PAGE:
Medical School Committee Letters of Recommendation 101
Some schools provide pre-med students with the option of having a medical school committee letter. A medical school committee letter, which is written by a faculty member or a pre-med advisor at your school, summarizes the comments from all your recommendation letters. Visit the AAMC website for more information about a committee letter vs. a traditional letter of rec. If your school will write a committee letter for you, take advantage of this opportunity! It can also hurt if your school usually writes committee letters and you don’t submit one.
From the perspective of interviewers and medical school admissions committees, a medical school committee letter provides an efficient and comprehensive picture of your strengths and your overall candidacy. Additionally, the medical school committee letter can help contextualize any extenuating circumstances that may have affected your academic performance. Medical School Committee letters, however, must be completed very early, usually the spring before your applications are due. If you want to use a medical school committee letter, you’d better start early!
Each school will have its own process for writing medical school committee letters. Generally, one faculty member will be assigned to your file, will interview you, and will then be responsible for drafting your medical school committee letter. Make sure you are aware of your school’s committee letter deadlines and ensure that your individual medical school recommendation letters are written before the school’s deadline.
If you’re worried about the committee letter or other letters of recommendation email us at email@example.com
Advantages of Using a Medical School Committee Letter
1. A Committee Letter forces you to get your medical school recommendation letters earlier
This may be seen as a downside to some because of the additional stress it will heap on, but mark our words, earlier is always better! Being forced to start early, however painful it may be, will only create an advantage later on. Plus, some Universities offer to send all your Letters of Recommendation to AMCAS and your medical schools, so you don’t have to worry about coordinating all the snail mail with your letter writers!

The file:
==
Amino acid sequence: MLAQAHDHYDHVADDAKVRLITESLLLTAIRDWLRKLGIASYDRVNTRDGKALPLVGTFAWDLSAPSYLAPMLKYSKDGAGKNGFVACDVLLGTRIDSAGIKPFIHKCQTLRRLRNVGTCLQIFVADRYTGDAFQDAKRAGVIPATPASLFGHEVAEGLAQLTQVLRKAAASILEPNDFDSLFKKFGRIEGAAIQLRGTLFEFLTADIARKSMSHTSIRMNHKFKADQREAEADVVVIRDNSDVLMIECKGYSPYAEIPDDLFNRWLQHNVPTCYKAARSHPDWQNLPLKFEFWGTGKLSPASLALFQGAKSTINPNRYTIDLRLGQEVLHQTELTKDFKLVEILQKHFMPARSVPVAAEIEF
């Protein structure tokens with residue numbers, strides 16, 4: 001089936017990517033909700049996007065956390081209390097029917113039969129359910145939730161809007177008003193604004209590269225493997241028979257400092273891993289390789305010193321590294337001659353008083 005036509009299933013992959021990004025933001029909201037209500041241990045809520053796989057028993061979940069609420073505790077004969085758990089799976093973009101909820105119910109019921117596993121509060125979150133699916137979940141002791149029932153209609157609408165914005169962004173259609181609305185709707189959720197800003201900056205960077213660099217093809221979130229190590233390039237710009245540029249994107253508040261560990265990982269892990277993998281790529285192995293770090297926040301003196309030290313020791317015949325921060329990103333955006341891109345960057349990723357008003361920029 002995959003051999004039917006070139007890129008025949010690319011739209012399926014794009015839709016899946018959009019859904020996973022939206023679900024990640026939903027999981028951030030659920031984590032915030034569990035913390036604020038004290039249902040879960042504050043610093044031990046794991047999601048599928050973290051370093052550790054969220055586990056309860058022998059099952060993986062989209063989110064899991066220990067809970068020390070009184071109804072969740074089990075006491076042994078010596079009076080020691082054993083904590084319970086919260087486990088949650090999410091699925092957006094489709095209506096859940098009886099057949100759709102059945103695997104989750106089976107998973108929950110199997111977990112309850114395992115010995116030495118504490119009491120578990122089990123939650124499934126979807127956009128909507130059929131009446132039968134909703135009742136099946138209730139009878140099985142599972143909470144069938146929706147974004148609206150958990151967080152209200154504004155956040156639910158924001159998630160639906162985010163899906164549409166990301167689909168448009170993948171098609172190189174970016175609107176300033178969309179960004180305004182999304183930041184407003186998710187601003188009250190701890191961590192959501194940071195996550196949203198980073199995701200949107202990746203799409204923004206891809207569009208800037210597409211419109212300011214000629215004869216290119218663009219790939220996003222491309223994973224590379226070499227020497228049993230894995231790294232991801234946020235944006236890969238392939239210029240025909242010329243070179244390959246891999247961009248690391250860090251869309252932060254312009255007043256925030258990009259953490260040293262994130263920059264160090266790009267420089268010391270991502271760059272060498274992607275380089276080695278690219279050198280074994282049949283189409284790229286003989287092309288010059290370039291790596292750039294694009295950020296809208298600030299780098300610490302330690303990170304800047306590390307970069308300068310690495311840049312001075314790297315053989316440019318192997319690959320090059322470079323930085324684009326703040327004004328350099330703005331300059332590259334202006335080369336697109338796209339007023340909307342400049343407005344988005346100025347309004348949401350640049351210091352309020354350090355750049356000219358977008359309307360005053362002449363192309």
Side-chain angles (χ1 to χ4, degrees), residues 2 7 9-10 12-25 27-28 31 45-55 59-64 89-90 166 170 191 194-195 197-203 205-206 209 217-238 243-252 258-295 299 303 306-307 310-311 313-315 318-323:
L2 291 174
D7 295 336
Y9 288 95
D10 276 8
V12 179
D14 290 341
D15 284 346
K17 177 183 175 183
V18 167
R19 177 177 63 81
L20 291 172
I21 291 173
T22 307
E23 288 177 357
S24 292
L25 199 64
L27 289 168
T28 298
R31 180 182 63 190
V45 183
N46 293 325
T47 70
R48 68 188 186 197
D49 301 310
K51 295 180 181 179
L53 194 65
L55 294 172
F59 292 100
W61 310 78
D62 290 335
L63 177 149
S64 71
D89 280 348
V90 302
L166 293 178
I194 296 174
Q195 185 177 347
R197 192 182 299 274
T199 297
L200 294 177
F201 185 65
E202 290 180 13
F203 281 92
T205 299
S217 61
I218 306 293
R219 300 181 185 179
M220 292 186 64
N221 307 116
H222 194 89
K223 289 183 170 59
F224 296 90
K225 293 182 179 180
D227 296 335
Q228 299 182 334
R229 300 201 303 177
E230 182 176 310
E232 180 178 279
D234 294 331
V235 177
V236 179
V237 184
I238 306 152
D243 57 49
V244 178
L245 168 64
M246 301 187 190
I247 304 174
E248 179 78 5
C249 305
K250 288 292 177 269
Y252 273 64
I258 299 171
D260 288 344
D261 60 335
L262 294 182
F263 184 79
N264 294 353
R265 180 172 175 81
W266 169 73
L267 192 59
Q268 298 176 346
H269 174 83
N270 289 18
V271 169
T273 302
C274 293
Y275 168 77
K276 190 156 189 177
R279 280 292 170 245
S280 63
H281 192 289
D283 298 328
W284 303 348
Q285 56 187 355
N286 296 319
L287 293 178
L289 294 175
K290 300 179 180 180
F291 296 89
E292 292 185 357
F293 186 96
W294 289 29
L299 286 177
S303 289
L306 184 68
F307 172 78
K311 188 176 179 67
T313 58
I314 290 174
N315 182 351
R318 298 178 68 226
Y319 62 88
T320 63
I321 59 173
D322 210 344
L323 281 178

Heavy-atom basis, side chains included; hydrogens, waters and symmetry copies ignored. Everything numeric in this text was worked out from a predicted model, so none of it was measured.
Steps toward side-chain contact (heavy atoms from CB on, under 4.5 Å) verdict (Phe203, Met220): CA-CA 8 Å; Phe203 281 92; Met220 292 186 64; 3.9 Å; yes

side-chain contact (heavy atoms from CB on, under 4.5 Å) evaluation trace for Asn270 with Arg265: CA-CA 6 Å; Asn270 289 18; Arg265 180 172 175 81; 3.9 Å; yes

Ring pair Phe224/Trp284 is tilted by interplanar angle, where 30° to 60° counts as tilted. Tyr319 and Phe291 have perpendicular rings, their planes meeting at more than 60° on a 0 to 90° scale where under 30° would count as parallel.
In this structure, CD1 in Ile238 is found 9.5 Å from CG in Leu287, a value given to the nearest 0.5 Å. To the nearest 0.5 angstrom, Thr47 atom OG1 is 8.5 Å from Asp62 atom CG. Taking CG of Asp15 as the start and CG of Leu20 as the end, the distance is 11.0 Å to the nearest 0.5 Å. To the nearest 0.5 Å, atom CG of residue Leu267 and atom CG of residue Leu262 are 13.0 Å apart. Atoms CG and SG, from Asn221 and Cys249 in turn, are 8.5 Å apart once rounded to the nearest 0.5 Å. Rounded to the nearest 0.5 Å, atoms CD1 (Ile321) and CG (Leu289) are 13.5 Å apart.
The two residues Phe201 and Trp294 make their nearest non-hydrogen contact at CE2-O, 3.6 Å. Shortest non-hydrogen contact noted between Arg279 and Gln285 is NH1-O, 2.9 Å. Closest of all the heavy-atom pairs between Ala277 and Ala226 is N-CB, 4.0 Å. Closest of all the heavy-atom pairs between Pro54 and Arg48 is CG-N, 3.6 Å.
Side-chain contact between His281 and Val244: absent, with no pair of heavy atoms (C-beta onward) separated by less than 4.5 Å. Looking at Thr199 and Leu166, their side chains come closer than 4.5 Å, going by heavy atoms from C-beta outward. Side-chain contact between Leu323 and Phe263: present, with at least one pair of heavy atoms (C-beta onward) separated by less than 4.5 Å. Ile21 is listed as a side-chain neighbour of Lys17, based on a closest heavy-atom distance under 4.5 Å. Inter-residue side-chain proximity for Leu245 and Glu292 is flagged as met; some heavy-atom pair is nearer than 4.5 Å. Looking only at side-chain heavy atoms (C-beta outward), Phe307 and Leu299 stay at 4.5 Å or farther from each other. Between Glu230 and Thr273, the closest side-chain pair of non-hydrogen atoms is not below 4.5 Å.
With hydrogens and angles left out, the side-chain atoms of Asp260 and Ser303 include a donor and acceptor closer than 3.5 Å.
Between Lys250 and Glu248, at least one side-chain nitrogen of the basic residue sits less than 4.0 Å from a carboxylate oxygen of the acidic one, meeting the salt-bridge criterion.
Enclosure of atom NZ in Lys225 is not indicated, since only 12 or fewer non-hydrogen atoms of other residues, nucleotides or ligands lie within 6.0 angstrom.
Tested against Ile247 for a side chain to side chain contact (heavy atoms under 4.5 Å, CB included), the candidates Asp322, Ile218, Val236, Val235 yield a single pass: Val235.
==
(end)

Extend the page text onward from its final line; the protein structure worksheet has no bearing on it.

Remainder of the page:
2. Committee Letters are good for summarizing who you are as a medical school applicant
The general nature of the committee letter make them good for getting a holistic view of you as an applicant. This can be especially good if you don’t think you did a good enough job of creating that holistic image in other parts of your application.
3. Committee Letters help explain extenuating circumstances to medical schools
Having a faculty member vouch for you in a letter and explain away some critical shortcomings is a great way to shore up extenuating circumstances or ease medical school admissions committees into overlooking certain red flags, like a low GPA one semester, or a low grade in a key science course. Make sure you speak to these extenuating circumstances in your interview so that the explanation will be reflected in your committee letter.
4. Schools will often copy and paste the best lines and qualities about you
One of our mottos here at Cracking Med School Admissions is: don’t ever hesitate to let other people sing your praises! Take advantage of the fact that a medical school committee letter is essentially an elevator pitch about you from a reputable source. The sales value of a committee letter should never be overlooked when applying to medical school.
Remember, if your school has a committee letter and you don’t submit one, this will reflect negatively on your medical school application. So do your research, and make sure to budget enough time to ask for committee letters from your favorite faculty member or adviser in advance!
Here at Cracking Med School Admissions, we can help with the strategy of approaching faculty for committee letters and in general helping to select the best people to write you glowing letters of recommendation. Feel free to ask a question below or email us at firstname.lastname@example.org. We’re always happy to help!